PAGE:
For those who lead hectic lives, sometimes becoming more organized can be effective. Taking a look at your daily routine and seeing where there’s a lack of time management can help you plan better and avoid scheduling conflicts. Another thing to consider is how long you’re giving yourself to get certain things done. For example, a person who gives themselves thirty minutes to get ready in the morning, but still finds themselves chronically late to work may consider giving themselves an additional 15-30 minutes. Some people find planners helpful while others solely rely on their phones or other mobile devices. You should decide what’s more convenient for you and what will help you maintain progress.

Self-care can be hard to consistently implement, especially if you have an inaccurate perception of what self-care is. It isn’t solely related to things requiring that you spend money (getting your hair and nails done, going shopping, or getting a facial). Some people put aside funds for self-care activities and even have a consistent day or days they engage in self-care. There is nothing wrong with that. But while money-related self-care activities can certainly bring joy and peace, there are other alternatives that don’t cost money. Things such as taking a nice long bubble bath or reading your favorite book can be just as relaxing. Self-care activities and coping skills fall under the same umbrella of things that help ease your mind in some way. Now again, people with hectic schedules are probably wondering how to make time for self-care. Well, I’d like to introduce something called “little pockets of time”. This can be as short as dedicating five minutes sporadically throughout the day to focus on yourself. That can include five minutes of journaling, meditation, deep breathing exercises, or sending a text to a friend. You have to remember that your mental health is just as important as your physical health and it’s important to prioritize it. Some people spend hours on social media looking at TikTok videos or creating reels on Facebook. So why can’t those same people take at least five minutes throughout the day to do something productive that’s geared toward their mental health?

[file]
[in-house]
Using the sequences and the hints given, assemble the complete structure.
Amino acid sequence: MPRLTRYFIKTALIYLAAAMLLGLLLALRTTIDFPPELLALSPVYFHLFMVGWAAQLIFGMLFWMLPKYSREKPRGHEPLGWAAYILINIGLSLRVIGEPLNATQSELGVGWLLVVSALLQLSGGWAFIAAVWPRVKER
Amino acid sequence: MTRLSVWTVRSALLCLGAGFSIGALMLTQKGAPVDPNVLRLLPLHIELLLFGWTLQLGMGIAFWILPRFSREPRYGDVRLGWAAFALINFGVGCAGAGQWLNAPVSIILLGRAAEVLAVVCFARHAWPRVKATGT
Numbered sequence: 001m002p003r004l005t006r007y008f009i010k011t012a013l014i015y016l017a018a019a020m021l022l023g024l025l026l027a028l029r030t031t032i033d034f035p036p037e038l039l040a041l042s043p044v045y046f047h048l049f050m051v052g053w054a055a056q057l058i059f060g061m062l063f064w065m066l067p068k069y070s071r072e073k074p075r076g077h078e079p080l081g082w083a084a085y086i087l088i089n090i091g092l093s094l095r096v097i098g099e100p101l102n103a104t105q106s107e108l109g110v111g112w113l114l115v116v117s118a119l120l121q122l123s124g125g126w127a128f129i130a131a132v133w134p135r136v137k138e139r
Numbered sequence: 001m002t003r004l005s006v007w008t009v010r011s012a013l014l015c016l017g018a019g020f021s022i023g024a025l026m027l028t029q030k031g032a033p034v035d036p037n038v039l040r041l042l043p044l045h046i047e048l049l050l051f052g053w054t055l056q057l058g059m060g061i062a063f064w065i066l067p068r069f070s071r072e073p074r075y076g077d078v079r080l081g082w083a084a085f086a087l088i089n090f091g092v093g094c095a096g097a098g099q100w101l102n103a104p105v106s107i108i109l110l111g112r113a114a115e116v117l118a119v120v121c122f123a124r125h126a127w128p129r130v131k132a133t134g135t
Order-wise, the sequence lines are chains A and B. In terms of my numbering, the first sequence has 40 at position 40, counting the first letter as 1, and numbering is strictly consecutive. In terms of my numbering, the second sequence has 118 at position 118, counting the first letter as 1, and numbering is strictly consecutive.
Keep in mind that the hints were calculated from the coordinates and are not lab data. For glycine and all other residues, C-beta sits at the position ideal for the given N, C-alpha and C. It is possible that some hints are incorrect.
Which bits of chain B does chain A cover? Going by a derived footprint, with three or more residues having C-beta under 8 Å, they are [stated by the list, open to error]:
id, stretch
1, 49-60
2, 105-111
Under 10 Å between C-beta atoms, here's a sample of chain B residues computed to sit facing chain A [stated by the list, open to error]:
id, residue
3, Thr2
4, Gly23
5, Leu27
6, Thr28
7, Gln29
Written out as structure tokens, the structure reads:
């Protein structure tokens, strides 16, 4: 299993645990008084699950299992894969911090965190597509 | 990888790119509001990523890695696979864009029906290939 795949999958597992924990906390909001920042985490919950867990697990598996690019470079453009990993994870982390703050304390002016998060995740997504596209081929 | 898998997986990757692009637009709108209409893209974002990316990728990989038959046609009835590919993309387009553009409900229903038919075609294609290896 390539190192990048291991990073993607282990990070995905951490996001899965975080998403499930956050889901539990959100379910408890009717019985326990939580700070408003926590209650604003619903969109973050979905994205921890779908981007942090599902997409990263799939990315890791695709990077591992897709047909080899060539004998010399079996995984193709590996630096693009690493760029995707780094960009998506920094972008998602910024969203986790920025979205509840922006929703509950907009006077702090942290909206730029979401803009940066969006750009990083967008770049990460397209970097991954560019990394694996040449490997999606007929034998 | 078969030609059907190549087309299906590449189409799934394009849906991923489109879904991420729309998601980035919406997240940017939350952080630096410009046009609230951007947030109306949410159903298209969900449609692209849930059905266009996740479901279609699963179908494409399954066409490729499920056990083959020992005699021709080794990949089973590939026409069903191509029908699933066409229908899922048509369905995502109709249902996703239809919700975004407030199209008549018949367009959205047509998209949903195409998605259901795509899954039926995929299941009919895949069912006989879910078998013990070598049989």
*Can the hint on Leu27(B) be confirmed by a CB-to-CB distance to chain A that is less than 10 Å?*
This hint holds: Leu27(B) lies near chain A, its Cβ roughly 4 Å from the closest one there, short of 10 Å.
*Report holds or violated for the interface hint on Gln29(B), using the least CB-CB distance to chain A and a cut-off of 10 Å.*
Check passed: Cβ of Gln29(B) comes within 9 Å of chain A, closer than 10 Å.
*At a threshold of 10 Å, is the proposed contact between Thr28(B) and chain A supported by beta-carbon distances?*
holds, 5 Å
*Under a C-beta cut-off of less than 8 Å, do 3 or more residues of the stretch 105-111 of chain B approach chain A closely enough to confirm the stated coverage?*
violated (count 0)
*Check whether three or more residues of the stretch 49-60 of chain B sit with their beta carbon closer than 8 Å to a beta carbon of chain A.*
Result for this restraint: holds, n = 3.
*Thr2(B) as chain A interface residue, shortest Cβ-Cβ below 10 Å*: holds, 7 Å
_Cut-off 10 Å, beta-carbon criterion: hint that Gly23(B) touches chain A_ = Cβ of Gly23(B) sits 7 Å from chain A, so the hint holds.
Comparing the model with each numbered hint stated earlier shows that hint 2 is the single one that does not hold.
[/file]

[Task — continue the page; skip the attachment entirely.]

Lastly, the most important thing to remember is that you cannot control everything. Letting go of that perception will ease a lot of anxiety for a person and allow them to look at things rationally. Sometimes there is power in letting go and delegating. You weren’t meant to be a one-man or one-woman show. It’s okay to ask for help if you’re struggling and it’s unfair to assume that others know that you need help if you never vocalize your needs. Sometimes, things will be out of your control and instead of allowing that fact to derail you, you must make the choice to push forward and consider other alternatives. Look at new ways to solve the same problem. Soliciting help can bring about a new perspective and improve problem solving skills. We are all on a journey of self-improvement in some way; and along that journey, we must learn to find and keep balance in our lives to ensure a sense of fulfillment.

Dequindre Jernigan (Quin), is a graduate of Wayne State University where she obtained her Master’s in Counseling Education. She currently works as a Licensed Professional Counselor treating children, adolescents, adults, and couples. Quin offers Christian counseling and specializes in cognitive behavior therapy (CBT) as well as rational emotive behavior therapy (REBT). She helps treat depression, anxiety, PTSD, mood disorders, self-esteem, and stress.